Who Killed Cock Robin?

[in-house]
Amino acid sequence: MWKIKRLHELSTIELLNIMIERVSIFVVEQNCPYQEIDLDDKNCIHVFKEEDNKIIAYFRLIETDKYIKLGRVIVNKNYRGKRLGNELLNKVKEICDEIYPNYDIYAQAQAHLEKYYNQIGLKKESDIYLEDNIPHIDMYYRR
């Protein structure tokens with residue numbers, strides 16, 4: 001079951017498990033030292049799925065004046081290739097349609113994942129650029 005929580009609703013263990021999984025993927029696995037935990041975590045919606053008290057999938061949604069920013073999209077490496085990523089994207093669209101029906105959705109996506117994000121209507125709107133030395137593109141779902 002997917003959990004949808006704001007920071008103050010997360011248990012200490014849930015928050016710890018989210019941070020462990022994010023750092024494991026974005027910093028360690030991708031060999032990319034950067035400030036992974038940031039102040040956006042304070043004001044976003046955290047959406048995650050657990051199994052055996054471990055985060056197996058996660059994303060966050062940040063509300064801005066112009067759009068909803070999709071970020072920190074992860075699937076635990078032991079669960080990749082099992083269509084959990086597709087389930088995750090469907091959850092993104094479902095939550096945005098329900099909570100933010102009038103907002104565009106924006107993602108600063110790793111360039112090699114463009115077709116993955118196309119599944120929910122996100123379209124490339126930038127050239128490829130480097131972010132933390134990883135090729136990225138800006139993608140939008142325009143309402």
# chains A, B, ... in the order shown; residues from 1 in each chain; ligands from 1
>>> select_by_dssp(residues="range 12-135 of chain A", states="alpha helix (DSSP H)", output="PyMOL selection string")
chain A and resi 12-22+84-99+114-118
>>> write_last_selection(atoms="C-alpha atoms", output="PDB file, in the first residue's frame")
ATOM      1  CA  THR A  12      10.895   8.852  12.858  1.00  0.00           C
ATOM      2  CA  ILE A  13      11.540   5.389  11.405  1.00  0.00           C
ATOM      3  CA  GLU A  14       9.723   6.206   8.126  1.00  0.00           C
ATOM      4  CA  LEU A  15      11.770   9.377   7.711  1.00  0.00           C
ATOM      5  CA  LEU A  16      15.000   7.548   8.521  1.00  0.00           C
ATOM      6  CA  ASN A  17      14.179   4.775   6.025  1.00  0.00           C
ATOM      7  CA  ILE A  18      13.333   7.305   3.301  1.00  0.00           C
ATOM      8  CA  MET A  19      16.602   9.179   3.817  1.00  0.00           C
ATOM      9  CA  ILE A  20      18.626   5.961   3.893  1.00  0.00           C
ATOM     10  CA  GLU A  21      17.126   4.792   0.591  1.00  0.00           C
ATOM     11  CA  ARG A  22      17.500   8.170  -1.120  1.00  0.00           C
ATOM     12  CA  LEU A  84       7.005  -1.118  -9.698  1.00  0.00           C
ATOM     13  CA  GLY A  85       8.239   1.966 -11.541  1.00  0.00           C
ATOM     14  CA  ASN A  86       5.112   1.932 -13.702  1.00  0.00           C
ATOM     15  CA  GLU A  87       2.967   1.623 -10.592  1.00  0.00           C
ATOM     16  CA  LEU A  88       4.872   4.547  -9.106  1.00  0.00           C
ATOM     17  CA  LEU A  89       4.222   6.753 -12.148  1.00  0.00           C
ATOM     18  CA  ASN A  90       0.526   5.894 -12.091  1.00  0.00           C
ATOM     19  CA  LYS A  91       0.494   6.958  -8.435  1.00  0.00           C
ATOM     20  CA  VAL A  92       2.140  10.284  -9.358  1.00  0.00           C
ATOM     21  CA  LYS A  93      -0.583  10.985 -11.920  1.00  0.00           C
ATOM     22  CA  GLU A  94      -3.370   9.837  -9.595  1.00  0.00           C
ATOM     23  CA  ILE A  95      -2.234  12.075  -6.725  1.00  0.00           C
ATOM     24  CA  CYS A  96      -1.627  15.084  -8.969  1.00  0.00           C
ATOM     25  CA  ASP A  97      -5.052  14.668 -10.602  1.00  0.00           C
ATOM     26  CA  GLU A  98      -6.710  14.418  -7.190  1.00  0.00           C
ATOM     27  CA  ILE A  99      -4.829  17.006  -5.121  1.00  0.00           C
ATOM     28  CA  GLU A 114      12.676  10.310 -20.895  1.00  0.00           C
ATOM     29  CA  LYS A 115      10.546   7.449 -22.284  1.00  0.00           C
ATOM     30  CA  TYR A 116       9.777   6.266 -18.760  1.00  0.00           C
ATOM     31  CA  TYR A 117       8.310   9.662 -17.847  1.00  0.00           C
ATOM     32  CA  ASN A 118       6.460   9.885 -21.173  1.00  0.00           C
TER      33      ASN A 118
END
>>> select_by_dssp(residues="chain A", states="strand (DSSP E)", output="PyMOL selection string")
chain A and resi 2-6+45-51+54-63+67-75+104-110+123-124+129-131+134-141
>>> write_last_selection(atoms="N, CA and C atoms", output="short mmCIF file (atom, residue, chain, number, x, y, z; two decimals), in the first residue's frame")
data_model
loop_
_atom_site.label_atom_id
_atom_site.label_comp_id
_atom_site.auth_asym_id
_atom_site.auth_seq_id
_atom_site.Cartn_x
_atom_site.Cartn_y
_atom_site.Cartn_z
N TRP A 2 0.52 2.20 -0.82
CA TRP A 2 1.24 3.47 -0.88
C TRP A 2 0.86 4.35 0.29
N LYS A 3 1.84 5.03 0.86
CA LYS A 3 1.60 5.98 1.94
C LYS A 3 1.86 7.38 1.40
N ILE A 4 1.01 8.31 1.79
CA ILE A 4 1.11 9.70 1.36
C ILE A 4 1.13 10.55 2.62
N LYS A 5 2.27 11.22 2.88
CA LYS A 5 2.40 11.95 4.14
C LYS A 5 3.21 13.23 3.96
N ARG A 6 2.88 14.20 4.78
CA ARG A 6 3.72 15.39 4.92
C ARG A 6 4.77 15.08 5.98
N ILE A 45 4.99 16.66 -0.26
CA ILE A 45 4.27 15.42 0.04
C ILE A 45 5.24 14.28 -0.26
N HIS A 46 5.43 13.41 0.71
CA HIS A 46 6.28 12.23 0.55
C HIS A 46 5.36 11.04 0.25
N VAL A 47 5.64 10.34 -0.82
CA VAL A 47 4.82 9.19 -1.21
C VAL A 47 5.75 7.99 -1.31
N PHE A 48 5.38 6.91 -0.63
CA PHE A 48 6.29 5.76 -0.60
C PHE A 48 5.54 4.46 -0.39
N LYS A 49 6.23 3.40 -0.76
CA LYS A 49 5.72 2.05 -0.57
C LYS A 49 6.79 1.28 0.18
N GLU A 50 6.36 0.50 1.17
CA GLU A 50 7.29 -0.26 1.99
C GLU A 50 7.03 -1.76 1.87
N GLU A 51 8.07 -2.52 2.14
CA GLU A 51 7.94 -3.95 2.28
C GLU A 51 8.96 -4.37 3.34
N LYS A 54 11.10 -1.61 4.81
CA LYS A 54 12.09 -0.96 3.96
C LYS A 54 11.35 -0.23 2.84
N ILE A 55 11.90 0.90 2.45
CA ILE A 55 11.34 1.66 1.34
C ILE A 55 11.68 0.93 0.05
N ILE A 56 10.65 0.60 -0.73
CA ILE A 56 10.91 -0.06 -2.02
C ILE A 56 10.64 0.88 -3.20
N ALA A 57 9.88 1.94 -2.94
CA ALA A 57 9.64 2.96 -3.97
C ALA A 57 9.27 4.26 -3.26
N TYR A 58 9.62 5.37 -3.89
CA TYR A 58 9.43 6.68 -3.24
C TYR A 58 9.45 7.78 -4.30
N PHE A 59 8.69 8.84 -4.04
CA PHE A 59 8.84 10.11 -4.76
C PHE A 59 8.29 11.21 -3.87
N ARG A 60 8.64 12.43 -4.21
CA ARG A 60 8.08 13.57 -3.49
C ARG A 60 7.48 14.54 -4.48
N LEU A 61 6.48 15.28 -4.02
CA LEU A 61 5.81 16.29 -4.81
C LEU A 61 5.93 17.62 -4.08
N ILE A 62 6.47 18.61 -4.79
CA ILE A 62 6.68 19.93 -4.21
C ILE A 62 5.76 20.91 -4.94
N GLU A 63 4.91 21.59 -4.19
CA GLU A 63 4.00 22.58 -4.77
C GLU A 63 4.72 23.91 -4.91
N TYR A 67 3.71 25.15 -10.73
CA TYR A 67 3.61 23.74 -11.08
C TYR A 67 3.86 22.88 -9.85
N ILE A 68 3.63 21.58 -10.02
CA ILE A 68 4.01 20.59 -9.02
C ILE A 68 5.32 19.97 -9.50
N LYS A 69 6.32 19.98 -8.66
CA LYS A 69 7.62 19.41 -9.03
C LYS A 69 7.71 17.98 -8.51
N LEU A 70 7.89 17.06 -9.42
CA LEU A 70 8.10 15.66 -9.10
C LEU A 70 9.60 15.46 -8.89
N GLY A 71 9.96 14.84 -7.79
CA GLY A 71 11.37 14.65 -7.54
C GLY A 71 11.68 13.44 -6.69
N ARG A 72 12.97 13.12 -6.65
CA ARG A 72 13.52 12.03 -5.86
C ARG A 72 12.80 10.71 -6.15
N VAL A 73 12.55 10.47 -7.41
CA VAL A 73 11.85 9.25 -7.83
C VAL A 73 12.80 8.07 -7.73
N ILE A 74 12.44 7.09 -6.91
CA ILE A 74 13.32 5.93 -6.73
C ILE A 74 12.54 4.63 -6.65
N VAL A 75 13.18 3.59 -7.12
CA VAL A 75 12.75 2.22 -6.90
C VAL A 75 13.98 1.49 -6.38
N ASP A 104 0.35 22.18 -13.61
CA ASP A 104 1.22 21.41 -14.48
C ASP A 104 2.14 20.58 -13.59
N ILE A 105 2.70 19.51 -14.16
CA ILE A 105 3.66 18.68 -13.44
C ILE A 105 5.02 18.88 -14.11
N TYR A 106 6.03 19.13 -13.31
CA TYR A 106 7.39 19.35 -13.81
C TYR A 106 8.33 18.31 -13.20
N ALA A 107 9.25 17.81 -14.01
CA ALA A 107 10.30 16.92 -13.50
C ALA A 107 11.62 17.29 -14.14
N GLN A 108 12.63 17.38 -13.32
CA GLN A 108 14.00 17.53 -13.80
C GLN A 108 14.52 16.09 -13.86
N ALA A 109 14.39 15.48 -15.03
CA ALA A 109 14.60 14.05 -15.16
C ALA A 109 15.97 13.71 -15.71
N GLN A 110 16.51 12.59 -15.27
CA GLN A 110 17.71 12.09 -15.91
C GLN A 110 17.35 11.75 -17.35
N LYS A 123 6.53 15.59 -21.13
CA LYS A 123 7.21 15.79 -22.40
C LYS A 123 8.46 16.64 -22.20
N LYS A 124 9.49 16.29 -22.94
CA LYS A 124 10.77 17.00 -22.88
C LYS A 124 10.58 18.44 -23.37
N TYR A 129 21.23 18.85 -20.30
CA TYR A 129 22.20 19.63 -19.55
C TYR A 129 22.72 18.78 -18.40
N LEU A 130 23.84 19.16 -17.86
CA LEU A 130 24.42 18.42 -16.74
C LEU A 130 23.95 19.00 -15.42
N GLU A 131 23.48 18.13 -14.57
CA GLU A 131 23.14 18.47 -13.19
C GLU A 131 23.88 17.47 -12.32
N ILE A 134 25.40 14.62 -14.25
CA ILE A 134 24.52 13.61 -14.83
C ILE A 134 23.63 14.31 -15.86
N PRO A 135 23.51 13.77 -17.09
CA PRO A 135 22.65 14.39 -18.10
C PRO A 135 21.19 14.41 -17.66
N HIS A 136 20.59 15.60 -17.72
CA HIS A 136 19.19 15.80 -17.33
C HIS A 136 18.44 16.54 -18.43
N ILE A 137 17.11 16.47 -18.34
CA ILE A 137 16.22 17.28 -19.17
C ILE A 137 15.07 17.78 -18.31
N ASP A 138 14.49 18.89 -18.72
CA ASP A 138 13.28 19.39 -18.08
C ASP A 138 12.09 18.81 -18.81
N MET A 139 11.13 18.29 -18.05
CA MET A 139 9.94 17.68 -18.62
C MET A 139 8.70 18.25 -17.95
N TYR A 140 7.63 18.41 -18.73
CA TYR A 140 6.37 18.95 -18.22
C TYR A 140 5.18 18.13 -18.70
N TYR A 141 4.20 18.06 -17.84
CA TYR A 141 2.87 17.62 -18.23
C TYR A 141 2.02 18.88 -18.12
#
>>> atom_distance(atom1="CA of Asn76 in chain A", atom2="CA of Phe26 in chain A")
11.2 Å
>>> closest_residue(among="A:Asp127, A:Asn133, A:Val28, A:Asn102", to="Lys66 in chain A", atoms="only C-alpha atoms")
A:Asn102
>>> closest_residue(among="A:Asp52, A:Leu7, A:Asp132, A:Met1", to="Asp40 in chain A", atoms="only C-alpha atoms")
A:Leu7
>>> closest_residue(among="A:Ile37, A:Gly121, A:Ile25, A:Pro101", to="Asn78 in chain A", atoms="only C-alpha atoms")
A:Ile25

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Who Killed Cock Robin?Author(s): Eleanor K. PetersonSource: The Classical Journal, Vol. 32, No. 3 (Dec., 1936), pp. 153-161Published by: The Classical Association of the Middle West and SouthStable URL: http://www.jstor.org/stable/3290891 .Accessed: 17/06/2014 06:15Your use of the JSTOR archive indicates your acceptance of the Terms & Conditions of Use, available at .http://www.jstor.org/page/info/about/policies/terms.jsp .JSTOR is a not-for-profit service that helps scholars, researchers, and students discover, use, and build upon a wide range ofcontent in a trusted digital archive. We use information technology and tools to increase productivity and facilitate new formsof scholarship. For more information about JSTOR, please contact support@jstor.org. .The Classical Association of the Middle West and South is collaborating with JSTOR to digitize, preserve andextend access to The Classical Journal.http://www.jstor.org This content downloaded from 62.122.77.28 on Tue, 17 Jun 2014 06:15:24 AMAll use subject to JSTOR Terms and Conditionshttp://www.jstor.org/action/showPublisher?publisherCode=camwshttp://www.jstor.org/stable/3290891?origin=JSTOR-pdfhttp://www.jstor.org/page/info/about/policies/terms.jsphttp://www.jstor.org/page/info/about/policies/terms.jspWHO KILLED COCK ROBIN? By ELEANOR K. PETERSON New Haven, Connecticut Defenders of the Classics: I come not to bury Latin but to praise it! Readers of the CLASSI- CAL JOURNAL need not be told that classical literature is interest- ing and that the knowledge which a person gets from it in regard to oratory, poetry, philosophy, and the early history of many countries-much of it the first history recorded-gives him a back- ground which is hard to surpass. But changes are coming about in education for better or for worse and we must be on our guard. Some say that Latin is dying; an Englishman, surprised at hearing this remark, said, "That will never happen in England" and we are told that the same is true in France. We must see to it that it does not happen in our country. Let us quote from a little book written in 1840 about Yale College, and see if the objectives in education have really changed very much in a hundred years: The object of the system of instruction to the undergraduates is not to give a partial education, consisting of a few branches only; nor, on the other hand, to give a superficial education, containing a little of almost everything; nor, to finish the details of either a professional or practical education, but to com- mence a thorough course, and to carry it as far as the time of the student's residence here allows. It is intended to maintain such a proportion between the different branches of literature and science, as to form a proper symmetry and balance of character. In the course of study enormous stress was laid on the classics. The educators of that day believed in a diet of Latin and Greek throughout the whole of the secondary and college courses-good strong mental food, this, with plenty of vitamins and calories! 153 This content downloaded from 62.122.77.28 on Tue, 17 Jun 2014 06:15:24 AMAll use subject to JSTOR Terms and Conditionshttp://www.jstor.org/page/info/about/policies/terms.jsp154 THE CLASSICAL JOURNAL In the autobiography of Robert Chambers, written seventy- five years ago, he tells us, that for a small fee in the grammar school a youth of the middle classes in Scotland got a good grounding in Latin and Greek, fitting him for the university; and he adds, it is mainly through this superior education, so easily attained, that so many of the youth of our northern nation are inspired with the ambition which leads them upward to professional life in their own country, or else sends them abroad in quest of a fortune hard to find at home. What was it about Latin that so inspired the youth in those days? I believe that there were more great teachers then, and that the students did a finer grade of work; that they thoroughly learned the essentials of Latin grammar and could therefore con- centrate their attention and apply themselves to hard work, with the result that they were ready to appreciate not only the subject matter, but the style in which it was presented; then, having ac- quired something of the technique of the language, they could appreciate not only the military genius of Caesar, but also his ability to write an interesting record of what he saw and did in Gaul-a book which, even to this day, is used as a military text- book in France, and is, no doubt, carefully studied in Germany and Italy. I believe that they sincerely studied the works of Cicero, whose orations have always been a model for the study of oratory, and whose speech for Archias has inspired many a youth to read the best books, and to put into writing any experi- ences of his own that may add to the world's happiness. Tennyson, who belonged to this period, expressed his appreciation of Vergil's work in these lines, I salute thee, Mantovano, I that loved thee since my day began Wielder of the statliest measure ever moulded by the lips of man. Latin can still inspire our youth if they read Latin literature, but we seem to have lost confidence in their ability to do so. For several years there has been a tendency in all education to meet a mass-leveling to intellectual mediocrity with a general lowering of standards. Many are predicting that Latin will meet the same fate as Greek. Indeed its breakdown began some years ago when This content downloaded from 62.122.77.28 on Tue, 17 Jun 2014 06:15:24 AMAll use subject to JSTOR Terms and Conditionshttp://www.jstor.org/page/info/about/policies/terms.jspWHO KILLED COCK ROBIN? 155 its requirement for entrance to college was dropped. When Yale went off the Latin standard, many people protested the action. John Jay Chapman wrote: And now a boy can get into Yale without even knowing bonus, bona, bonum, although everyone knows that the knowledge of even a little Latin deepens the consciousness of any child. He wished to know what had happened-couldn't the Yale pro- fessors teach Latin any more? And in a high school class, where news of its elimination was expected to be greeted with cheers, the boys said, "No, it is a mistake to do that. Latin is a good study." So, with parents and children rising to its defense, the classes went on for awhile, very much as usual, but there was this gradual lowering of standards. The failure mark was changed from D to F. It was suggested that poor pupils, who had been in class for a year, be passed on a D-. They had been exposed to the subject and although they had proved immunity to it, they must have gained something. Anyway, new crowds were pressing on, and Latin was no longer of major significance. The condition of Latin has been especially low during the last few years, and word has come that if we wish to save its life and keep abreast of the changing times we must "socialize it"-what- ever that means. This fine old study, which has been regarded by thinking men for centuries as the backbone of a good education- a subject to which men like the late Dwight Morrow and numerous others go back and read with new interest and pleasure; which has stood the test of time and has shown us that people of one age are very much like those of another; this study must be "socialized"-must be made to conform to the ways of our time! Lines from Kipling's Recessional keep coming to my mind. When he refers to the far-flung pomp and power of the British Empire, he concludes: Still stands thine ancient sacrifice, An humble and a contrite heart; Lord God of Hosts, be with us yet, Lest we forget. Haven't we forgotten that for us, too, there still stands the ancient principle-"get wisdom, get understanding... and with all thy This content downloaded from 62.122.77.28 on Tue, 17 Jun 2014 06:15:24 AMAll use subject to JSTOR Terms and Conditionshttp://www.jstor.org/page/info/about/policies/terms.jsp156 THE CLASSICAL JOURNAL getting, get understanding," and that, whether it is in this study or any other, sincere and thorough work must be done? Haven't we forgotten that it is the language itself and its literature that is interesting and important? For some time, we have run after strange gods. We must needs make this study "entertaining" and "cultural." We must "surround the pupils with beauty," so the textbooks for the first two years are filled with pictures, mottoes, and even songs; with vocabularies containing scores of words not needed, and stories of made-up Latin, and myths which pupils have already had in English in the grades; where so much notice is given to derivatives and other things that it almost seems as if more attention is given to these by-products than to the language itself. A friend of mine wrote me that her thirteen-year-old daughter had begun Latin and was enthusiastic about it. But after a short time, instead of keeping the interest on the Latin itself, the teacher suggested that for the next day's work, they should carve a Roman lady or a Roman home out of ivory soap. There was no ivory soap in the house. They lived in the country, so some one had to drive to the village to get it Then no knife was right. Several vegetable knives were tried, discarded, and wept over. For one who had never carved soap the mechanics of this art were more important than the subject to be carved, so the result was neither a Roman lady nor a Roman home, but a wish that there was no such thing as Latin if this was what had to be done. To quote from the letter: but worst of all, this had no link at all with the Latin language. The whole year's work was full of idiotic stuff. Why children of thirteen, looking forward to maturity, should have to learn Latin via girls and dolls and all other kindergarten rubbish, I cannot see. This is the criticism of an intelligent parent and should not be disregarded. We apologize too much for the study of Latin. It is true that it helps us to understand our own and other languages, that it enriches our vocabularies, etc., but the real reason for studying it should be the same as for studying any other language-so that we may be able to read Latin literature; and this is what we should read, I think, from the very beginning. In the modern textbooks This content downloaded from 62.122.77.28 on Tue, 17 Jun 2014 06:15:24 AMAll use subject to JSTOR Terms and Conditionshttp://www.jstor.org/page/info/about/policies/terms.jspWHO KILLED COCK ROBIN? 157 there is enough of this made-up Latin to keep classes busy for at least a year and a half or longer; and it has been suggested lately that only the last two or three months of the second year be de- voted to Caesar's Gallic Wars. The Caesar too has been simplified, or, as some one remarked, emasculated. Does this kind of work arouse in the pupils a desire to go on and read real Latin literature? Does it prepare them to read Cicero? Fortunately, no one has yet tried to simplify Cicero and Vergil, but if statistics are correct, only 13 per cent of the pupils read these authors. If it is true that 87 per cent of the pupils take Latin for only two years, what, pray, have they read that will give them any appreciation of Latin literature? Who or what is to blame for this gradual loss of interest in Latin? The fault is not all due to the War, or to the times, or even to the depression-adverse circumstances have bred scholars- nor is it due to the type of some of the children. On the shoulders of the educators themselves must be placed most of the blame. The colleges began it by dropping Latin as an entrance require- ment. A few years ago we heard the Commissioner of Education in Connecticut belittle the value of this study before a general meet- ing of teachers. We have heard two superintendents do the same. One of them gave this as his reason for feeling as he did: "Too much talk about construction and not enough reading and dis- cussion of the subject-matter." A good criticism. Why not learn well the forms and constructions and then say nothing about them unless it is necessary? These men would have done less harm to Latin if they had talked it over with the teachers of that subject instead of denouncing it before a relatively uninterested group. The principal too may be at fault. He, as head of the school, has the power to arrange the work so that the teachers are not handi- capped by all the things that can hinder their best efforts, for on the teachers falls most of the blame for the decline of interest in Latin. Most of them teach as they were taught. As a rule they follow; they do not lead. They go by the book, as of course they must, especially if they lack experience. They have to please everybody, including parents. Their classes may be too large. New teachers may be given the beginners, one of the greatest mistakes This content downloaded from 62.122.77.28 on Tue, 17 Jun 2014 06:15:24 AMAll use subject to JSTOR Terms and Conditionshttp://www.jstor.org/page/info/about/policies/terms.jsp158 THE CLASSICAL JOURNAL made. Many of them do not realize that the one important thing to do is first of all to make the subject interesting to pupils. The study of a language should be a great adventure especially to those who are still in the morning of intellectual curiosity. It should be a happy adventure, for its ways are ways of pleasantness if pupils are kept interested and properly guided. Then it is not drudgery, but it opens up to them a new world of exploration and discovery and conquest, and Latin can do this. All that a teacher needs to do is to show the student how it works and go along with him as he follows its course. He is learning words. What is more interest- ing than these words, symbols and sounds that express the thoughts and dreams and hopes and deeds of men who lived two thousand years ago! He discovers that there is a definite plan to Latin-a thing which he has not really seen in his own tongue, but which he now notices in a foreign one. For the first time he be- comes language conscious. If I were planning a course for the 87 per cent who take Latin only two years, it would be one that I myself have tried out during the last two years by a method which has proved to be both in- teresting and sound, and I have never found a better way to do it. There was a class of thirty-five juniors who were taking Latin for the first time. Fortunately no books were available, so all the preliminary work had to be learned from the board and from maps. First their interest must be aroused by a thrilling story of the history of the Romans from the time of Aeneas and his wan- derings to the days of Julius Caesar. Then Caesar must be made a hero to them, and his eventful life must be reviewed in detail- a little of it every day while they are learning to decline the nouns of his language. The map must show them the countries whose languages have been influenced by Latin. The case endings of the five declensions must be learned crosswise and up and down. First the ablative singular-- d e a a; then the accusative formed, roughly, by adding m to the ablative endings to get the singular, and s to get the plural. Next, the dative and ablative plural, be- cause they are alike-is in the first and second declensions, "now take a bus the rest of the way." So the five endings are is, is, ibus, ibus, ibus. The genitive plural tries to use the ablative singular This content downloaded from 62.122.77.28 on Tue, 17 Jun 2014 06:15:24 AMAll use subject to JSTOR Terms and Conditionshttp://www.jstor.org/page/info/about/policies/terms.jspWHO KILLED COCK ROBIN? 159 endings but owing to the fact that rum is added, the third and fourth declensions are a little unsteady-drum, &rum, urnm, uum, drum, and so on. Nouns of each declension, girl, boy, friend, father, mother, hand, day, and later, Gallia, lingua, pars, etc., were given early and declined repeatedly until the pronunciation was correct. Nothing need be said about accent and sounds of letters until someone asks about it. Best results come, at first, from imitation. The adjectives bonus and omnis were learned. Then the first sen- tence of Caesar was put on the board and translated and Gaul was talked about. To prepare for the second sentence we next learned the nine irregular adjectives and the relative and demonstrative pronouns. Then came the verbs, the four conjugations at once- indicative, subjunctive, everything, and of course principal parts. There was no hurry. Everyone was interested and this learning of forms was much enjoyed. A boy remarked, "It is sort of a military language, isn't it?" Uses of cases were reviewed very often and illustrated in English while forms were being learned; the verbs were handled in a similar way. A few phrases and the necessary vocabulary were learned in anticipation of chapter two. By Christ- mas time, most of this work was done. The class had become so much interested in Caesar that they were anxious to read his book. He was not altogether popular because of his zeal for conquest. Someone asked if Mussolini did not want to be another Caesar. They thought the story of the Helvetians would make a good moving picture. A bright girl from that class read Cicero last year instead of Caesar and a boy in a similar class last year dropped Latin I as soon as the forms were learned, early in November, and read successfully both Caesar and Cicero. He is now in college. A girl from Iowa was in a panic because she was expected to read Caesar, though she had studied only three declensions and had never heard of the subjunctive. "Well, how long will it take you to learn two declensions and the four tenses of the Subjunctive?" I asked. "You can do it in a week." She did. What, after all, do we need to know to be able to translate? The declensions, conjugations, and their uses. Instead of increas- ing the time for preliminary work from one to one and one-half This content downloaded from 62.122.77.28 on Tue, 17 Jun 2014 06:15:24 AMAll use subject to JSTOR Terms and Conditionshttp://www.jstor.org/page/info/about/policies/terms.jsp160 THE CLASSICAL JOURNAL or almost two years, I know that it can be done in five months and that the students can then read unsimplified Caesar. Of course it means hard work for the teacher and stout leadership, but it is most interesting and worth while, and the pupils like it. If only we did not have to disrupt this interest by giving exam- inations and marks! If there is anything that causes a superiority or inferiority complex-which I take to mean that a person feels himself to be one or the other when he is not-it is formal exam- inations and report marks. This comparison of pupils does more harm than good.' At the end of the year a teacher should know without examinations whether to mark them "passed" or "passed with honor." Some years ago, Dr. Osler of Johns Hopkins wrote this: "Perfect happiness for the student and teacher will come with the abolition of examinations, which are stumbling blocks and ways of offense in the pathway of the true student." My plan for the first year, then, would be the thorough learning of all declensions, verbs, etc., and their uses, and the reading of twenty-nine chapters of Caesar; for the second year, the story of Ariovistus-most of it, and Books II, III, and Iv of Caesar, bring- ing out the early history of Germany, Britain, and France. I should add also talks about Cicero and Horace, and have them translate Cicero's paragraph on books and a poem of Horace. And I think that during the last week, at least, they should be introduced to some good translations of Latin poems. Someone has said, "Only a bishop is improved by translation," but it was a translation of Chapman's Homer that made the poet Keats feel like some watcher of the skies When a new planet swims into his ken. If we cannot give our students the letter of the classics, let us at least give them the spirit. If we, by this or any other plan, through sound and thorough teaching, can arouse in our students the love for this so-called dead language, which has been the joy of countless men and 1 The marking system has already been improved in California. A teacher in Oakland told me that in her school a child was marked S (satisfactory) if he was doing the best he could according to his ability. This sounds like good sense. This content downloaded from 62.122.77.28 on Tue, 17 Jun 2014 06:15:24 AMAll use subject to JSTOR Terms and Conditionshttp://www.jstor.org/page/info/about/policies/terms.jspWHO KILLED COCK ROBIN? 161 women, we can make it so strong and vigorous that no one will ever again declare that Latin is dying. Through some strange association of ideas, whenever I hear those words the lines of an old nursery rhyme come into my mind: "Who killed Cock Robin?" "I," said the Sparrow, "With my bow and arrow, "I killed Cock Robin." I never believed the part about the sparrow any more than I now believe the prediction about Latin: "Who saw him die?" "I," said the Fly, "With my little eye, "I saw him die." If we, the teachers, with our narrow vision, with our "little eye," stand by and merely look on while Latin passes away from the schools, its blood be upon our heads! This content downloaded from 62.122.77.28 on Tue, 17 Jun 2014 06:15:24 AMAll use subject to JSTOR Terms and Conditionshttp://www.jstor.org/page/info/about/policies/terms.jspArticle Contentsp. 153p. 154p. 155p. 156p. 157p. 158p. 159p. 160p. 161Issue Table of ContentsThe Classical Journal, Vol. 32, No. 3 (Dec., 1936), pp. 129-192Front MatterOur Finances [pp. 129-132]The Glory and Grandeur That Were, II [pp. 133-152]Who Killed Cock Robin? [pp. 153-161]A Plea for Aesop in the Greek Classroom [pp. 162-170]NotesHomeric Heroes and Fish [pp. 171-172]The Withered Palm Trees in the "Anabasis" [pp. 172-173]AMOIBAIA NEMEI [p. 173]Book ReviewsReview: untitled [pp. 174-177]Review: untitled [pp. 178-180]Review: untitled [p. 181]Hints for Teachers [pp. 182-188]Current Events [pp. 189-192]Back Matter